Most tax professionals help their clients who have been a victim of a cyberattack, but how many of them know how to protect their clients from all the risks that are lurking in their workplace? Unfortunately, safeguarding cybersecurity isn’t easy, and it gets more challenging if you are dealing with tax data.
There is always a possibility of a data breach. Therefore, it’s important for tax preparers to always be on their ‘A’ game. Steps to reduce tax-related frauds and identity theft are critical. The IRS has indicated that such issues can lead to delays in tax refund processing.
So, how do tax professionals protect themselves and their clients from cyberattacks?
Let’s look at five things tax practitioners can do to make their tax practice more secure.
Table of Contents
1. See How You Use Email
Your email can be one of the main risks if you are not careful in its usage. In fact, it is found that nine out of ten viruses come from email attachments. If there is an antivirus installed on your device, most of such emails would not even reach your inbox. To prevent a cyberattack, make sure to encrypt emails containing sensitive information. Encryption ensures that only the intended person can view the email.
Tax preparers should be careful while opening attachments sent even by their clients. It could be possible that the client is unaware of malware or spyware located on their system which can be transferred into your system.
It would be a safer option not to click a link or attachment which doesn’t concern your work. If anyone claims to be a recommendation from a client or friend, check with them first before opening the mail or clicking anything.
If you find a mail suspicious, simply delete it without opening and clicking any links. In fact, the IRS encourages people to forward such emails to [email protected].
2. Stay Informed
Keeping yourself informed and updated is one of the best things you can do to keep your tax data safe. If something is too good to be true, then probably it isn’t. If someone is claiming on the phone to be from the IRS and demanding your SSN or other personal details, disconnect the call.
While the basics of security remain the same; it’s essential that you are aware of the specifics of the most expected threats at any given time. After all, unawareness is the most common cause of security breaches. Keeping yourself updated on the latest tactics used by scammers can be the difference in getting tricked and being safe.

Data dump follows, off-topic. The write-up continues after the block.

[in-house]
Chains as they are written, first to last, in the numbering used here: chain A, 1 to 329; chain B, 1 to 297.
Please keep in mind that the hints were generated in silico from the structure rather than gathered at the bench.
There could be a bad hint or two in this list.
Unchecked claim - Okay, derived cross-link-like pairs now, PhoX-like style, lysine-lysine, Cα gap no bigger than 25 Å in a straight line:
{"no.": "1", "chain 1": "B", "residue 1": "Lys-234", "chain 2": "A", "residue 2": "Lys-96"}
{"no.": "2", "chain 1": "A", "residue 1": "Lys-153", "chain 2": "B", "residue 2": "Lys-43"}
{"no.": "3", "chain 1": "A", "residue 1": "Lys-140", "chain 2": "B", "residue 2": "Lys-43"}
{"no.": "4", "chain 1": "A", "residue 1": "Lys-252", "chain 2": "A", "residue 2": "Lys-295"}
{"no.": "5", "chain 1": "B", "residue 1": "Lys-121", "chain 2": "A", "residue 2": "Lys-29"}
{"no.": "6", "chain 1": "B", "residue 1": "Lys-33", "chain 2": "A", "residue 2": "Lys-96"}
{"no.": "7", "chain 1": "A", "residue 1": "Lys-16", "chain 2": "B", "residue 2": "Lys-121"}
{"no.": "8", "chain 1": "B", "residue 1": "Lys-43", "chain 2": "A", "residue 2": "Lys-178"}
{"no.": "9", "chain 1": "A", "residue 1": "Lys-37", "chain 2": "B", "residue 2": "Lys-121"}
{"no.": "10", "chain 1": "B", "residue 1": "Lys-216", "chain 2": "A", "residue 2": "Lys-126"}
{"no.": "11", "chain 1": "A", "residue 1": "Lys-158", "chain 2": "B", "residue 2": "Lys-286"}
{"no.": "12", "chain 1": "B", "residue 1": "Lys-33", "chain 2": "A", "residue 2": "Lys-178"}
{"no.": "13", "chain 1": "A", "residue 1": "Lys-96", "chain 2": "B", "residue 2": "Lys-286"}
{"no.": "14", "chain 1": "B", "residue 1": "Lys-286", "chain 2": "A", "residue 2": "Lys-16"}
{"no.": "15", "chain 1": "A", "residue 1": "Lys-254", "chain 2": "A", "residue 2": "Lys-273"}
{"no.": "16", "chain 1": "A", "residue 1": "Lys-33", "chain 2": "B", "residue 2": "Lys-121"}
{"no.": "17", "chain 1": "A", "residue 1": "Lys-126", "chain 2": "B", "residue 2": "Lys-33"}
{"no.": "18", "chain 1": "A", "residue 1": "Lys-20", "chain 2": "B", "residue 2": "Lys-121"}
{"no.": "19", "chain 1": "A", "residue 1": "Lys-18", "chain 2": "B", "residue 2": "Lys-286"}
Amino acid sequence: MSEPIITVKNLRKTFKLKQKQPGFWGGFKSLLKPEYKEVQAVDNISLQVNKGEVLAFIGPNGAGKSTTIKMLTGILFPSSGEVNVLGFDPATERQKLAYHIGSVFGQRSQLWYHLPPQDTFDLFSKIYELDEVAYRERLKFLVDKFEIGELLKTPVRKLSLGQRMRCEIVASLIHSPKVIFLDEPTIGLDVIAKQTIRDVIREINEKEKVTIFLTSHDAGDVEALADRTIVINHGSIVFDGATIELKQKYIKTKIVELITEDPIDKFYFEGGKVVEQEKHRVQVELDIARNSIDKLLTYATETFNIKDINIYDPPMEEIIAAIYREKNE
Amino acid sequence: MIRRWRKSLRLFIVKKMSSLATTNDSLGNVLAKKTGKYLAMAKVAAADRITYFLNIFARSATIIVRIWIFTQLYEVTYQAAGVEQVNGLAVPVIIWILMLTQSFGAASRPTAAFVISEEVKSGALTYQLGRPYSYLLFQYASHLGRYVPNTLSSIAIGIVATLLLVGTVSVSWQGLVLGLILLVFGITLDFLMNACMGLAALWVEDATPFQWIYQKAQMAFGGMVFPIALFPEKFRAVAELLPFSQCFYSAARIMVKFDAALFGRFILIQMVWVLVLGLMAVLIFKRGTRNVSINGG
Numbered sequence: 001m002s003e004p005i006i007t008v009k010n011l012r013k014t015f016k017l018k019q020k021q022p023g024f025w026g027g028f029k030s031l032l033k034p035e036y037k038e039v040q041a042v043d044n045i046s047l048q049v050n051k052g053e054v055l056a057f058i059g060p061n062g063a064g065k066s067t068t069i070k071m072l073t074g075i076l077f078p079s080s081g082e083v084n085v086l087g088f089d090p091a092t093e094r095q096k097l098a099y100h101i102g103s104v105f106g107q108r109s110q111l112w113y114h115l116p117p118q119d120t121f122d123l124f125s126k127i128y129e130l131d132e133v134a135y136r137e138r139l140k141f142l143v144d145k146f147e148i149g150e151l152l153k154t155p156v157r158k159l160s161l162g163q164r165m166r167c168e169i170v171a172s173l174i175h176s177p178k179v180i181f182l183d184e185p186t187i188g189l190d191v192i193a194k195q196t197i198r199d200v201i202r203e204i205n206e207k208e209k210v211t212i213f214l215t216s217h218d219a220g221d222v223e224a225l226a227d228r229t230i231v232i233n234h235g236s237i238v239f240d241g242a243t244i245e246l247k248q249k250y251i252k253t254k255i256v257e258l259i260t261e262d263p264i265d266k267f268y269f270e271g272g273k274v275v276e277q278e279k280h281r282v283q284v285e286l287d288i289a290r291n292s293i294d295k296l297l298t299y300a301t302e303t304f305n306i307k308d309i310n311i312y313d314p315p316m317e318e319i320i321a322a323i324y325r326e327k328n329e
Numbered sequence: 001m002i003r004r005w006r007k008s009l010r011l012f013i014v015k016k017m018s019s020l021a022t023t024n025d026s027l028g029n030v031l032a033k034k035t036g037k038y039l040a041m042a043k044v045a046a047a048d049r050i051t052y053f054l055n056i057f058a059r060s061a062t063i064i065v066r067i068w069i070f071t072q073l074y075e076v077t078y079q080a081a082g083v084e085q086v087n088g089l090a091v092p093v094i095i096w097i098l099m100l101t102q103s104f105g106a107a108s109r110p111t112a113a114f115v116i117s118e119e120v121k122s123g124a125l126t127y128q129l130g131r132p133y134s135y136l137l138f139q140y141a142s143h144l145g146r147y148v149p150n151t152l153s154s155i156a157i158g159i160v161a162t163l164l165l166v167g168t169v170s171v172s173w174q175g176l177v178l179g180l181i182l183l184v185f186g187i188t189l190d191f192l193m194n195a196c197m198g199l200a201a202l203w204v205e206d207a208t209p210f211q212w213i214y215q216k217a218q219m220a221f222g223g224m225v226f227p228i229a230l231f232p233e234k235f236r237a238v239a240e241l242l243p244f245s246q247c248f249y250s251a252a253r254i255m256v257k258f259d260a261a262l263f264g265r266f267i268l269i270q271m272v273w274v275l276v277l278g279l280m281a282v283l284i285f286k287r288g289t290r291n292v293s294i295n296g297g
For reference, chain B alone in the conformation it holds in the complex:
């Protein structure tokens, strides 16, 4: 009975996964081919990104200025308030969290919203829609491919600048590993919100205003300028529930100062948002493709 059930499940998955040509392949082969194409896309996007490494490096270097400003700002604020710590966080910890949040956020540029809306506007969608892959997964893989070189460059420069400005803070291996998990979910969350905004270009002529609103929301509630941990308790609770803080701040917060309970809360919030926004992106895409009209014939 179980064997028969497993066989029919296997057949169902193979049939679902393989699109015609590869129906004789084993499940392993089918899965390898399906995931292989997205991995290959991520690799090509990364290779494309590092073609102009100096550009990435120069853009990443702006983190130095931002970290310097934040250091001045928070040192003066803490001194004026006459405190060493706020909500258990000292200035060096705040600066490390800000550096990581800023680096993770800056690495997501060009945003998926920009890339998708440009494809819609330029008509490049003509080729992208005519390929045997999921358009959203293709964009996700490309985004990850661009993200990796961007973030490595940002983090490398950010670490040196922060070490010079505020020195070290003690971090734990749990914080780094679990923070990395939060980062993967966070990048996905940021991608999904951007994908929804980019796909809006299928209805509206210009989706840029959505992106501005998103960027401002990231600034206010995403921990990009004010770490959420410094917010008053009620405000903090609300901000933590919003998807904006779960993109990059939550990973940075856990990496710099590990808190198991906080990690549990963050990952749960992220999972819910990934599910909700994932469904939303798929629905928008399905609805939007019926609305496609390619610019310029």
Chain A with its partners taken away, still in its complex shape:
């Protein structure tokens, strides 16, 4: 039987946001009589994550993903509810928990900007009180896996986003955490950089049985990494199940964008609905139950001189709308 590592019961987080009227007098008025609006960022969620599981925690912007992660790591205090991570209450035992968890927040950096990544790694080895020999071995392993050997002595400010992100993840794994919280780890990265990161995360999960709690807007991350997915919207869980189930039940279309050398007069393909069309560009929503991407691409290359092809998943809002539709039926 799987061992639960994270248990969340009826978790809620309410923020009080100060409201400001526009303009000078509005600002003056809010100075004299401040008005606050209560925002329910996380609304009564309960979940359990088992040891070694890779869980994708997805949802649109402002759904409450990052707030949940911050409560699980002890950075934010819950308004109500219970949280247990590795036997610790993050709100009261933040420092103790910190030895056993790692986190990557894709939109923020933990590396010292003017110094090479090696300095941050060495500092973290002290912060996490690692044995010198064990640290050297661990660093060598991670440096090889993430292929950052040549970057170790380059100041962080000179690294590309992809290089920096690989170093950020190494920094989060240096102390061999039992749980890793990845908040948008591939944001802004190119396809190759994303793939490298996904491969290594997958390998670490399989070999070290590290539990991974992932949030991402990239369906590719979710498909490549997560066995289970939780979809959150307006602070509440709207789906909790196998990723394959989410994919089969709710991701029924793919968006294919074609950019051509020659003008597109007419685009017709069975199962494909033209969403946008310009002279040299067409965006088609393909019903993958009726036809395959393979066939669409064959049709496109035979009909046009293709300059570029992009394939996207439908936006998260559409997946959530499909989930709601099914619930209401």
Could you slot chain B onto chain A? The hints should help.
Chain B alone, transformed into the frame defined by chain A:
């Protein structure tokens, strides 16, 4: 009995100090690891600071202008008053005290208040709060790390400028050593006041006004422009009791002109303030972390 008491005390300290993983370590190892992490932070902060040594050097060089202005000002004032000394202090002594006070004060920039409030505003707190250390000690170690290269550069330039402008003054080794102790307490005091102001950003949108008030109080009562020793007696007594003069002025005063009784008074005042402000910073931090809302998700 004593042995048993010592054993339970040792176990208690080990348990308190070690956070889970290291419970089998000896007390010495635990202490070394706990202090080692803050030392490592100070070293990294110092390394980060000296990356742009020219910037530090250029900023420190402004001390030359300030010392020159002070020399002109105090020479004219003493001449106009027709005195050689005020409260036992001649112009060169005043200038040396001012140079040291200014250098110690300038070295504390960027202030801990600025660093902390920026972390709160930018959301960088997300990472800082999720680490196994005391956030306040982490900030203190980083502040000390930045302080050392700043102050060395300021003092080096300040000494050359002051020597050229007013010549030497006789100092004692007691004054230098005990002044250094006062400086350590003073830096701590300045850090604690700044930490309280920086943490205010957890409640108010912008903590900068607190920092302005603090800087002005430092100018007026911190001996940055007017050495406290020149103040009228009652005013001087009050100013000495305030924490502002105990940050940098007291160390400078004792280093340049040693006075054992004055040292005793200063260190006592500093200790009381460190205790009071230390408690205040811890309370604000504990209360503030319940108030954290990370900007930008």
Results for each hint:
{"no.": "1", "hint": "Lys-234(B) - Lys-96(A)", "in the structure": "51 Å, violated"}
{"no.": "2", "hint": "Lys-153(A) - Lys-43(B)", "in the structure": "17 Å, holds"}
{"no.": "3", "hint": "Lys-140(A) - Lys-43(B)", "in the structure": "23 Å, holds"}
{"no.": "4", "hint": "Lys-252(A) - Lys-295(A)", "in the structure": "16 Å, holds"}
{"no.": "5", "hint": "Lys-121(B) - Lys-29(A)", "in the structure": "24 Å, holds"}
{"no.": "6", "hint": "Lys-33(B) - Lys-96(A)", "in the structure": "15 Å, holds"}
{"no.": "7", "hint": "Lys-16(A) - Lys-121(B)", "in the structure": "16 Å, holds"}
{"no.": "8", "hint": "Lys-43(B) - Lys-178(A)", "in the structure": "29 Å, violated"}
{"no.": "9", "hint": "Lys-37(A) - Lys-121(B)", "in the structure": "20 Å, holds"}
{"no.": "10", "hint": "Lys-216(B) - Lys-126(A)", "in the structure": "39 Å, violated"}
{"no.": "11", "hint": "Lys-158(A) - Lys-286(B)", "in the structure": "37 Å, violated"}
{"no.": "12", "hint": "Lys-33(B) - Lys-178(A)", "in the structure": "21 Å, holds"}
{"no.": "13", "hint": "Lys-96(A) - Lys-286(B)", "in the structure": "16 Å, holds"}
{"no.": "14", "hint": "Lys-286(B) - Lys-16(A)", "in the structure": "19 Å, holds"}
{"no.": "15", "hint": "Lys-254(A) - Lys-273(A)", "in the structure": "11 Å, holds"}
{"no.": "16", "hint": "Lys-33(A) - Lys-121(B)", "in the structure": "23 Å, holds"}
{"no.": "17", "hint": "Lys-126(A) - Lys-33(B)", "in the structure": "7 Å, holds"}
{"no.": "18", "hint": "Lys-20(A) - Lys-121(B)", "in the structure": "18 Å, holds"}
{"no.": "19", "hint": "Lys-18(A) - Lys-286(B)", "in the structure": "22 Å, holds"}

Cybercriminals continue to evolve and use latest technologies to scam people. To prevent this, the IRS issues regular security updates and news through its newsletter. Subscribing to the IRS e-News subscription can be one the best ways to stay informed about latest security trends.
3. Educate Your Employees About Security
It is equally important for your employees to practice good cyber-hygiene. Checking personal emails, surfing the web, and accessing social media sites such as Facebook and Twitter should be restricted. Furthermore, they should also refrain from using USB ports on their office systems as spyware or viruses can be transmitted into the office workstation.
In case employees need to surf the Internet, you can provide them a dedicated system which isn’t connected to the office network.
4. Use Cloud Technology
Not all data security threats come from hackers. Sometimes the danger comes from within – from a careless, untrained or malicious insider. Tax data stored in-house is subject to all kinds of threats. It can be compromised due to a natural disaster like a flood or an artificial one such as a cyberattack.
Some tax professionals are still concerned about data security on the cloud. However, the cloud is more secure than your in-house server. That’s because cloud providers need to adhere to regulatory standards to operate. And their staff is well-informed and trained to keep the data secure as compared to an average IT professional.
Moreover, cloud service providers use methods which are difficult for cybercriminals to crack such as encryption (process to transform the text into non-readable format) and digest access authentication (the process of exchanging credentials).
Other benefits of cloud for tax professionals include real-time update, the ability to prepare tax forms from anywhere, anytime, no need for installation of software on the local computer, and easy pay-as-you-go model without any contract. Also, ensure that their data centers are spread out in different locations and are physically secure.
5. Start Early
Early filing of tax returns guarantees quicker tax refund from the IRS, and you don’t have to wait until the April end. In fact, late filing of tax returns also increases the chances of becoming a victim of cyber fraud.
Identity thieves attain taxpayer’s SSN (Social Security Number) and file false tax returns to get refund checks. Usually, they file returns before their victims, early in the tax season. The taxpayer would not find out about it until they file their own tax returns.
Therefore, it is best to file your taxes early in the season once you have all your tax documents and needed information as the IRS allows only one tax return per SSN per year.
What to Do If You Are A Victim of a Cyberattack?
If you’re the victim of a cyberattack, go through the IRS guide which includes reporting the issue to federal and local agencies. With Form 14039, you need to file a paper copy of the tax return. While reclaiming your identity, make different copies of your return and keep them in a secure place.
A cyberattack can be scary and threatening. Keep yourself informed with the knowledge to prevent any kind of cyberattack. Take prompt actions if you have become a victim of a tax scam.
If you want to learn more about keeping your tax practice safe, contact our technical experts for a free consultation: 855-665-8910